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Audio normalization is the process of increasing (or decreasing) the amplitude of an entire audio signal so that the resulting peak amplitude matches a desired target.[1] Dynamic range and signal to noise ratio remain the same as the original mix.

Why Normalize?[]

Mastering has become a critical step in producing a CD or DVD. Normalizing is commonly used when mixes are assembled. Often, different tracks have been recorded and mixed differently. Each sounds fine in isolation, but when put together there can be large differences in volume levels. Normalizing allows you to set the volume of tracks on your CD to a standard level.

How Does Normalization Work?[]

Normalization software will generally scan the track to determine the highest peak levels. It then calculates the ratio of the highest levels to the target level. Then the software will proceed to modify the samples up or down by the calculated amount.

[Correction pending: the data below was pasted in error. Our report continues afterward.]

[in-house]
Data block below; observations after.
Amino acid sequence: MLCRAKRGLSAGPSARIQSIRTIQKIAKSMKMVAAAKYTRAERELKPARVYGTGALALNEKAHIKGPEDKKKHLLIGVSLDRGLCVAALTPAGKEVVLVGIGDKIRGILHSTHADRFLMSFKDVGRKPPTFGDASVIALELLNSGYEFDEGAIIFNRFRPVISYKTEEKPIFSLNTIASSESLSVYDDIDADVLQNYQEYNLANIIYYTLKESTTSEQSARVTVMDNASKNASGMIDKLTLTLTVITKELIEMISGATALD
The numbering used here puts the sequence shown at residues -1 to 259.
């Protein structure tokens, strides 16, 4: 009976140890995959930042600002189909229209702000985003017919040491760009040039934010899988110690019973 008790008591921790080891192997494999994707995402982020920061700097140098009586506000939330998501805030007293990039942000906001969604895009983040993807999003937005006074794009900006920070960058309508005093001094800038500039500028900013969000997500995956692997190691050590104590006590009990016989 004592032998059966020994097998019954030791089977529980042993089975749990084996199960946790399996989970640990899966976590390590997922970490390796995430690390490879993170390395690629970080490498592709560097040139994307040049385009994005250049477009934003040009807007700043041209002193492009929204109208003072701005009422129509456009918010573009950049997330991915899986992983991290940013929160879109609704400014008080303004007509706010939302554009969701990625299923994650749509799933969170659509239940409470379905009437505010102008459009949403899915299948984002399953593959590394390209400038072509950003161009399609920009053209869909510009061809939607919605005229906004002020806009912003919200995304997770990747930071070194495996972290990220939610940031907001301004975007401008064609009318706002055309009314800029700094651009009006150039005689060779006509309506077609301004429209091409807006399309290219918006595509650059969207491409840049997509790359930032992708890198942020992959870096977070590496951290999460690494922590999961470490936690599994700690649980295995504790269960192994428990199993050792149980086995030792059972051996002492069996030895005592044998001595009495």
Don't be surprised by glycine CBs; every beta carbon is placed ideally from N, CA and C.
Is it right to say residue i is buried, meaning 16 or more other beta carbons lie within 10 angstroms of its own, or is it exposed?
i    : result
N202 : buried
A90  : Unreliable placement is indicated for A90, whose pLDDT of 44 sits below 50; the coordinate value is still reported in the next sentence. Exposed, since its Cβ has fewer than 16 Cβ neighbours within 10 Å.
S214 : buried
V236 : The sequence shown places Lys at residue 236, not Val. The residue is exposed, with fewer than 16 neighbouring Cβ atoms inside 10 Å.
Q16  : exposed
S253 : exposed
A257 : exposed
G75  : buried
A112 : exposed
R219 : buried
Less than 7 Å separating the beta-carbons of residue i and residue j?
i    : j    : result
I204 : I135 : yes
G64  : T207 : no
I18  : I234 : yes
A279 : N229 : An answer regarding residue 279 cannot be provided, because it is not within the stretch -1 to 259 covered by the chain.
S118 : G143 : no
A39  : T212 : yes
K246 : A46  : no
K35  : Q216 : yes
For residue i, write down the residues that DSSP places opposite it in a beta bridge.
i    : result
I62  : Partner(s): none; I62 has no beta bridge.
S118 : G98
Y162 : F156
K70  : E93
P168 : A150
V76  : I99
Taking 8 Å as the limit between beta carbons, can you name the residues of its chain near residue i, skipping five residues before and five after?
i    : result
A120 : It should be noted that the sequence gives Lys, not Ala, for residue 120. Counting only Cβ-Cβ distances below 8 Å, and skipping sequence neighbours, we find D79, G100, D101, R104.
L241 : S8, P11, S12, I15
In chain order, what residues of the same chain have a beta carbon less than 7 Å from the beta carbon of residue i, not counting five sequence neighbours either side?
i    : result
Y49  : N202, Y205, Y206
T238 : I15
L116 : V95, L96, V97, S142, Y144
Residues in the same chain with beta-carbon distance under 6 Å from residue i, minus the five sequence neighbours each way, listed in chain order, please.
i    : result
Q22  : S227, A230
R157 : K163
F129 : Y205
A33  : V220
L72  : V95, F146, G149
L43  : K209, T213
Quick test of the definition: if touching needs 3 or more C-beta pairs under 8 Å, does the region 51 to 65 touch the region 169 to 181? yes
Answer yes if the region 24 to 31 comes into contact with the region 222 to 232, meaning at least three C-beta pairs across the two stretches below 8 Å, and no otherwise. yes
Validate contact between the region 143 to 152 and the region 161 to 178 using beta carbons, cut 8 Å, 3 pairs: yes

If, for example, one track has a maximum peak level of 90% of the target then all samples will be raised by 5% (assuming the target is 95% of the maximum possible range).

If another track has a maximum peak level of 105% of the target range then all samples will be lowered by 5%. Notice that niether case changes the dynamic range or signal to noise ratio.

Normalization does very little when there is a maximum level already close to the target.[2] If you require an overall volume change in this case you will need to use compression instead.


  1. Wikipedia:Audio Normalization
  2. emusician:Some Like it Hot

External links[]

Audio myth: Never normalize